Using a Sites Wireless Internet service with a Router

Host Wireless Router


SITE EQUIPMENT





TAX-AIDE EQUIPMENT

Wireless Connection

Internet Access Computer w/shared Internet connection






Wired nnnnnConnection

Wired Connections



TAV* Wired /Wireless Router

Wireless TWO Tax preparation computers

Wired TWO Tax preparation Computers

Wireless printer(s)

Wireless Connections

Wired USB Printer(s)

Wired N/W Printer(s)

* TAV = Tax-Aide Volunteer



Implementation Steps

  1. Connect the “Internet Access Computer” to the Internet and share this connection using the Sharing tab in network connection properties – see windows help “ Internet Connection Sharing” system for more details. Procedure:

    1. Click Start -> Control Panel -> Network and Internet Connections -> Internet Connections

    2. Right-click on the Local Area connection and select “Properties”

    3. Click the Advanced tab and check Internet Connection Sharing

    4. Click OK

  2. Setup the wireless router. Specifically, setup the SSID to be unique and with a name not indicating this is a tax preparation computer, e.g., do not name it as IRSnetwork, TaxReturnNetwork, etc., It is strongly suggested that the SSID follow the naming convention, ‘TAV[sitename], e.g., TAVLibrary, or TAVMainSenCtr, etc. The WPA2 encryption key should also be unique. It is strongly suggested that the WPA2 security key follow the naming convention, [this year’s IRS computer password][last 8 digits of the router MAC code], e.g., Password1225F485 or Current4F512AA6, etc. The actual password wasn’t used in the last examples, for obvious reasons. The MAC code is found on the bottom of most routers.

  3. Set the wireless router to “Access point” mode – or whatever your setup name is to turn the DHCP function off (the Internet Access Point computer will act as the DHCP server.) This will turn off DHCP and gateway functions in the router and allow the router to simply act as a wireless switch between wired and wireless networks.

  4. Connect the wired, wireless computers, using the SSID and WPA2 encryption key you established, and networked/wired printer(s).

Likely issues


  • Note that in this setup the “WAN” connection on the wireless router is not used, because using this connection would isolate the Internet Access Computer from other computers and the network printer(s).

  • Since the Internet Access Computer provides the network addressing function (DHCP) this computer must be fully booted and operational before the other systems are started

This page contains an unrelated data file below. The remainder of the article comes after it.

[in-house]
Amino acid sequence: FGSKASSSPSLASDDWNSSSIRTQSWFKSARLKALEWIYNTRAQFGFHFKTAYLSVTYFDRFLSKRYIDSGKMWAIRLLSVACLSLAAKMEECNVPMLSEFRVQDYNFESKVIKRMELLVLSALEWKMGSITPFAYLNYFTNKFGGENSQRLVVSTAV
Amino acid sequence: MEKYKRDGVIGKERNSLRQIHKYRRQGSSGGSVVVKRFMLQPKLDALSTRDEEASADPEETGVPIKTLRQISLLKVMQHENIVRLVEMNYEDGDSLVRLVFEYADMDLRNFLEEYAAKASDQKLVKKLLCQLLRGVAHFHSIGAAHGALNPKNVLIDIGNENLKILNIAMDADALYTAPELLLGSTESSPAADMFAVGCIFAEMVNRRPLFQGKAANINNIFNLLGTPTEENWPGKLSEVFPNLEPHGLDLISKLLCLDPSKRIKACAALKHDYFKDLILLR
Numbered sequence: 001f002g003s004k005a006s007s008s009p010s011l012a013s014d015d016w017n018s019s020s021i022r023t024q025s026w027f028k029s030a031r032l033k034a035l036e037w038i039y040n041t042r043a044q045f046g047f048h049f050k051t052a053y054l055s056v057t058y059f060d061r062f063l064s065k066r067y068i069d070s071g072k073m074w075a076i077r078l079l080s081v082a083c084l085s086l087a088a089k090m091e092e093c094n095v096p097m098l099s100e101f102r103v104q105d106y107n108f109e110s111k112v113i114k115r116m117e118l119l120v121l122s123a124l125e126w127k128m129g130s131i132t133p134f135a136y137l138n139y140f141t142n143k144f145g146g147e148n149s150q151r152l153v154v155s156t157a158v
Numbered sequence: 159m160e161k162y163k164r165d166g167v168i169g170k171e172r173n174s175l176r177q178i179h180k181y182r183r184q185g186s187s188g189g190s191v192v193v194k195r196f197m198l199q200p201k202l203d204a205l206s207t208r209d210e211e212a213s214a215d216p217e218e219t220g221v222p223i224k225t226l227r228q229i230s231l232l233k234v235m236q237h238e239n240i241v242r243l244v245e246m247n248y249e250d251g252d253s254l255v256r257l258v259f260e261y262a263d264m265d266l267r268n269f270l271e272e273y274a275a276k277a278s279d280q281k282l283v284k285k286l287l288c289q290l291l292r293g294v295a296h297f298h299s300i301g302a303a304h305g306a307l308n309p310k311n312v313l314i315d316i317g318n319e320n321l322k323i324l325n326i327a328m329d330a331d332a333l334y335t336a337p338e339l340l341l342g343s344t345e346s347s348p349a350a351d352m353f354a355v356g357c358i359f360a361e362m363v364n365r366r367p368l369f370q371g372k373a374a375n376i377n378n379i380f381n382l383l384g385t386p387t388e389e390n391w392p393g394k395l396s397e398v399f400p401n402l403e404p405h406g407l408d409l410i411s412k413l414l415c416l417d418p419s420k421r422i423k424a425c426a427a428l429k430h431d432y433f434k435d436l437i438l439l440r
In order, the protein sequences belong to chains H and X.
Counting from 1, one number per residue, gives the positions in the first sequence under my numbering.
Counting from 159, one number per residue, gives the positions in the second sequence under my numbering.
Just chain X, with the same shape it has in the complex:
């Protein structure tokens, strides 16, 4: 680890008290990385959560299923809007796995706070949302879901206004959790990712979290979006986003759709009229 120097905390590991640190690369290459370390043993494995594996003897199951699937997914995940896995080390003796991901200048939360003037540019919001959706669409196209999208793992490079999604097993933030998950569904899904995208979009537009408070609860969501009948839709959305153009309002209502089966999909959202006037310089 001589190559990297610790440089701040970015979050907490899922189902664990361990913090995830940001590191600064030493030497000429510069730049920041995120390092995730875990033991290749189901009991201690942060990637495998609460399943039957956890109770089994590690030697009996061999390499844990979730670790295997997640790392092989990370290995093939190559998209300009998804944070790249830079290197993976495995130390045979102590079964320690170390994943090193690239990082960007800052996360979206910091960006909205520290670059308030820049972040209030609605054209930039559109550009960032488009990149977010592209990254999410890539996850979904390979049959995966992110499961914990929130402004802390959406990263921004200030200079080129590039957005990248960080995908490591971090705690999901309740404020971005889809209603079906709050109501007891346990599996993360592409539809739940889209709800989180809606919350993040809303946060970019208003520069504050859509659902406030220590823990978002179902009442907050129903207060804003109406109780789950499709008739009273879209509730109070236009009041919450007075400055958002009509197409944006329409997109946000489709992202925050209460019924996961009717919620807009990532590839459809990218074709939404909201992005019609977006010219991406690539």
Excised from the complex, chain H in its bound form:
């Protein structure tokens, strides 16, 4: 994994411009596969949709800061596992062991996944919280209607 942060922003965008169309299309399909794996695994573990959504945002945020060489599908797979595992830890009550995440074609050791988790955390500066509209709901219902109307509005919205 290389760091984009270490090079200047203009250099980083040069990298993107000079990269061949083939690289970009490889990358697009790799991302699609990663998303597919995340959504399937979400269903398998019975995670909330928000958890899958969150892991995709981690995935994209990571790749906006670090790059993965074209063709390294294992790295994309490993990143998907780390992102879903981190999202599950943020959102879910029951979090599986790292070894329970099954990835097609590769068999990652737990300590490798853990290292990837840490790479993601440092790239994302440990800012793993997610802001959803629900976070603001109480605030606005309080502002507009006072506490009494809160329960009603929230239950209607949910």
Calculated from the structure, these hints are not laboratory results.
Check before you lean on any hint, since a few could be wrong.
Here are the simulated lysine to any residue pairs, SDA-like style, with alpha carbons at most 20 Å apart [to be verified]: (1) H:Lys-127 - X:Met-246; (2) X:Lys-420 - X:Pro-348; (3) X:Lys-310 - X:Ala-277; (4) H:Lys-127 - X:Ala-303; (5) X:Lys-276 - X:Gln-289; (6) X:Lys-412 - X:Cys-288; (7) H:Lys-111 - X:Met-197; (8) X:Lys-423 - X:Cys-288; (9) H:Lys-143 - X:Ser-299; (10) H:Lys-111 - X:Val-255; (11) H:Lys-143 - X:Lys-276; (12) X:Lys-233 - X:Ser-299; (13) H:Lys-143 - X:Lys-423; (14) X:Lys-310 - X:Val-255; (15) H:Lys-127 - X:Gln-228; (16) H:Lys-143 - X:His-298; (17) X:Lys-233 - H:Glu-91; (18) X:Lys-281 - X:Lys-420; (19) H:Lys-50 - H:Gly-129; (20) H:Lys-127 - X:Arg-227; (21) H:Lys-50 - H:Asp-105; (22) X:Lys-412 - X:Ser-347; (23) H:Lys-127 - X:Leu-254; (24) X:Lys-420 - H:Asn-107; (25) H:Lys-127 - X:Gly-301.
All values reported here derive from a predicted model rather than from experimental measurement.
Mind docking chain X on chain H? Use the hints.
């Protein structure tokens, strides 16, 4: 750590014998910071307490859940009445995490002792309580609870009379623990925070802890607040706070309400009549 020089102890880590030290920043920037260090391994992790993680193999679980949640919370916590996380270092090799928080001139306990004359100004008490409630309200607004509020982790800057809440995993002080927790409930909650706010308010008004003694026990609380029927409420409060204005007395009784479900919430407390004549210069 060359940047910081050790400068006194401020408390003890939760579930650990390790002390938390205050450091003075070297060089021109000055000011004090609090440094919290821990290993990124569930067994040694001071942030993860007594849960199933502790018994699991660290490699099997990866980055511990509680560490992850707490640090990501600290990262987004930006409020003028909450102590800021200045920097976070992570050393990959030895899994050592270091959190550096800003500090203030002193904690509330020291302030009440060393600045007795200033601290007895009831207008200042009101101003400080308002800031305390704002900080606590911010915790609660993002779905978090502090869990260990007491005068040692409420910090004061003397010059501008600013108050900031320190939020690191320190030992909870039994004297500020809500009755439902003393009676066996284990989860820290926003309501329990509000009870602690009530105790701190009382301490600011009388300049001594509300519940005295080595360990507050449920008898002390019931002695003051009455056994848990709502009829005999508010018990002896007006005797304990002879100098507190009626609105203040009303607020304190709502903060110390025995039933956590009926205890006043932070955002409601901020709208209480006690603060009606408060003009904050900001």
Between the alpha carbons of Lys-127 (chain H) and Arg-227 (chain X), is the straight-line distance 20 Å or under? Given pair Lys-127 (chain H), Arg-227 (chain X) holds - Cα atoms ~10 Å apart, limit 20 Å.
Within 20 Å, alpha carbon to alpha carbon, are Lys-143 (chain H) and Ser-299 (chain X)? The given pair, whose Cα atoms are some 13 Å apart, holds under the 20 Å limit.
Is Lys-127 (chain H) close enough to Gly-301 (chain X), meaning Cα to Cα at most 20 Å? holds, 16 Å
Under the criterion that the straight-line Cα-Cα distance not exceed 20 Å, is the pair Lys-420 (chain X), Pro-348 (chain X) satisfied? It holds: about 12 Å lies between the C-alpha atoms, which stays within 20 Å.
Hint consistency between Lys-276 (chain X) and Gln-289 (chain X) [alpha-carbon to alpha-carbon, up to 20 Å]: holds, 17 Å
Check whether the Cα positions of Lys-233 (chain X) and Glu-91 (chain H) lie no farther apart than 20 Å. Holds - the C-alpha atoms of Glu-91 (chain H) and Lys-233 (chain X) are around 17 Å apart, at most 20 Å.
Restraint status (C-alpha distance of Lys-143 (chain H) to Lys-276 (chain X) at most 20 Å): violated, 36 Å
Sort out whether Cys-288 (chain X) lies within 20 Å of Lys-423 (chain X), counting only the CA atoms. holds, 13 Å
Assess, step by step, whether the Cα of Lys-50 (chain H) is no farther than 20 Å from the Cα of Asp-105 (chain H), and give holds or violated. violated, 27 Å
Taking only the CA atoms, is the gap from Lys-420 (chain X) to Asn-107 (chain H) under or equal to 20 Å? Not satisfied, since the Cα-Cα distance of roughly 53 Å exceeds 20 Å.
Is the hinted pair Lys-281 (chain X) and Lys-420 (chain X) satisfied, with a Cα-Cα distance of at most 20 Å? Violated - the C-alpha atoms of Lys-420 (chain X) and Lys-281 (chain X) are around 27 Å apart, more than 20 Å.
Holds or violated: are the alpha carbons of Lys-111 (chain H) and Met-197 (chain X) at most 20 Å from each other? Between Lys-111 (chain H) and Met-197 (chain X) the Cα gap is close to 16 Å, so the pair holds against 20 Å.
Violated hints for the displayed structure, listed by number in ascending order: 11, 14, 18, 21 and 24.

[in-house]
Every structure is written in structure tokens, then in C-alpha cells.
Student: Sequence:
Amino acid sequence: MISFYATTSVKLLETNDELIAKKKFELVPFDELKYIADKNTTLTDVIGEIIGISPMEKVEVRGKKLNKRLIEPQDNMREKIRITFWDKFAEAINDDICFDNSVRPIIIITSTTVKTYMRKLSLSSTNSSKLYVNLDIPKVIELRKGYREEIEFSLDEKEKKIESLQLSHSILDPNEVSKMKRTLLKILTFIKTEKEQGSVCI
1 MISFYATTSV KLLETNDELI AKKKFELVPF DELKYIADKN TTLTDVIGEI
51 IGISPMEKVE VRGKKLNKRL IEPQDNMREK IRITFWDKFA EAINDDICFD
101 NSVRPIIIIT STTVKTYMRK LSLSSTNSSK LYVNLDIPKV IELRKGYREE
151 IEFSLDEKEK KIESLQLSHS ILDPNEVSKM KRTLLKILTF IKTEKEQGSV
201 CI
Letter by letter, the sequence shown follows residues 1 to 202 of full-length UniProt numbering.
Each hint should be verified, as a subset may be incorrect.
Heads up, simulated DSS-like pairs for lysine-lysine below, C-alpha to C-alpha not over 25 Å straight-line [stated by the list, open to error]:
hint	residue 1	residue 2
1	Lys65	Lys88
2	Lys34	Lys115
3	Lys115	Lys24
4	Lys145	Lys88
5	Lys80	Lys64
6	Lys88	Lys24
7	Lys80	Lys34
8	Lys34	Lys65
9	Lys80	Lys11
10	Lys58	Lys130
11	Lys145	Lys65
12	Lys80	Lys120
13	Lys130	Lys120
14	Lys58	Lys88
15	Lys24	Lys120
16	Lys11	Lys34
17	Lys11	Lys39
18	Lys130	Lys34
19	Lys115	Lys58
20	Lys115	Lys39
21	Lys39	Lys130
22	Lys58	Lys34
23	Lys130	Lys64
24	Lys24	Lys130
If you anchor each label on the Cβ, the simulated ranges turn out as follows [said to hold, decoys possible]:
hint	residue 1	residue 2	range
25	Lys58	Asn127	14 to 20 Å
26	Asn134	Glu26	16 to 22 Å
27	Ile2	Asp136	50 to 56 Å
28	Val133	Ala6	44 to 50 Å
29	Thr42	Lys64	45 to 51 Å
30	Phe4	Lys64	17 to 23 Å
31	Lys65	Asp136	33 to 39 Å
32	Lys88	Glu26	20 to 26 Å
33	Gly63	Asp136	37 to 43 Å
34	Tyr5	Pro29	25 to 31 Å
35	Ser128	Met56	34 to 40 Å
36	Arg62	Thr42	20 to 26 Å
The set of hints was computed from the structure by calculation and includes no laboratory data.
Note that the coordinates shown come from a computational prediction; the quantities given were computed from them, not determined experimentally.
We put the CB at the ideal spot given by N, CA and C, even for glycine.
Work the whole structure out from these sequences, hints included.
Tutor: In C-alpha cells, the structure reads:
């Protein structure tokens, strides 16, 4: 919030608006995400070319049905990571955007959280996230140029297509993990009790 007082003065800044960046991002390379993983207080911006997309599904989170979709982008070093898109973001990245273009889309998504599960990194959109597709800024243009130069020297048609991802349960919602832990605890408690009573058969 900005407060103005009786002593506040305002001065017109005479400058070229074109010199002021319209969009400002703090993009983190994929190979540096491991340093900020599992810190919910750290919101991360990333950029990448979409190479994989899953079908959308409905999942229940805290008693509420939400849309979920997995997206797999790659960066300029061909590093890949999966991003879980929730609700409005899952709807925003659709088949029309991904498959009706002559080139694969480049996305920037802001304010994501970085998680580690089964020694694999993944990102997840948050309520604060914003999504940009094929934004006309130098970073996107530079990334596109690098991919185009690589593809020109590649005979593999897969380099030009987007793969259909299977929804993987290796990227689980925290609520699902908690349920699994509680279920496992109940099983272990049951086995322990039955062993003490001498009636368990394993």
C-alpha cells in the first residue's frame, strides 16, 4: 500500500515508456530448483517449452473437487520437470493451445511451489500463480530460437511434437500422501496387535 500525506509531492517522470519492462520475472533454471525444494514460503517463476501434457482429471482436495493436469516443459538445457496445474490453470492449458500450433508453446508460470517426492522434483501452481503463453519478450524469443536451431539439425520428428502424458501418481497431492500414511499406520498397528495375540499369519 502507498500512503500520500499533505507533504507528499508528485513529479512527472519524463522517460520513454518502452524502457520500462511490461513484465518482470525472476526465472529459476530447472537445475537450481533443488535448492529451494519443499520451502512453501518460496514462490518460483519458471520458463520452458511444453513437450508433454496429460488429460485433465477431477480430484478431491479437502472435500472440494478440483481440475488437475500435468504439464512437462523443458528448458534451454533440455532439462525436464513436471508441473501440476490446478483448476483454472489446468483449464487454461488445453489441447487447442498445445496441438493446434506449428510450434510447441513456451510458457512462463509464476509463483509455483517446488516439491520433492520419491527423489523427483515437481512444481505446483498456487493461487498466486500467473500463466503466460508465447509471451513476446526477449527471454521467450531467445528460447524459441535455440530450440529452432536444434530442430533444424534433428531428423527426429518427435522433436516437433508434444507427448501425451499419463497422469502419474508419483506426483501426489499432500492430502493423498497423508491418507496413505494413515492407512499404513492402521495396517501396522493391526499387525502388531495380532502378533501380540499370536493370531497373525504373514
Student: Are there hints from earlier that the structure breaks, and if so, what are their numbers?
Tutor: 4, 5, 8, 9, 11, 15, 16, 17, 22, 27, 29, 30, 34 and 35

Using a Sites Wireless Internet Service without a Router

Host Wireless Router


SITE EQUIPMENT





TAX-AIDE EQUIPMENT

Wireless Connection

Wireless TWO Tax preparation computers



Wireless printer(s)



Wired USB Printer(s)


Wireless networks, including Public WiFi networks, are allowed to be used for TWO, with the following restrictions:



  • If the wireless network is unsecured, then Windows File and Printer Sharing must be turned off on all computers.
                Two cases - either:

  1. All printing must be initiated on a computer that has the target printer locally attached, because Printer Sharing must be turned off on the computers, OR

  2. All printers must be network-attached. Network printers can either be a wireless printer as shown, or a Site networked printer.

  • If the wireless network is secured with WPA2 security that you have reasonable control over, meaning that the connection password is not posted on the bulletin board of the library or senior center, then Windows file and printer sharing is allowed to be turned on and any computer can print to any printer that is shared on the secured wireless network.



  • The wireless computers used must be either:

  1. IRS Computer Loan Program laptops, OR

  2. AARP Tax-Aide purchased and imaged laptops, OR

  3. Site-owned or personally-owned or donated computers with NTC-registered clean malware and security scans.


NOTE: Other options to connect to a site’s Internet service are being investigated and tested. They will be added to this document when they are proved usable.




AARP Tax-Aide taxaidetech@aarp.org



National Technology Committee November, 2010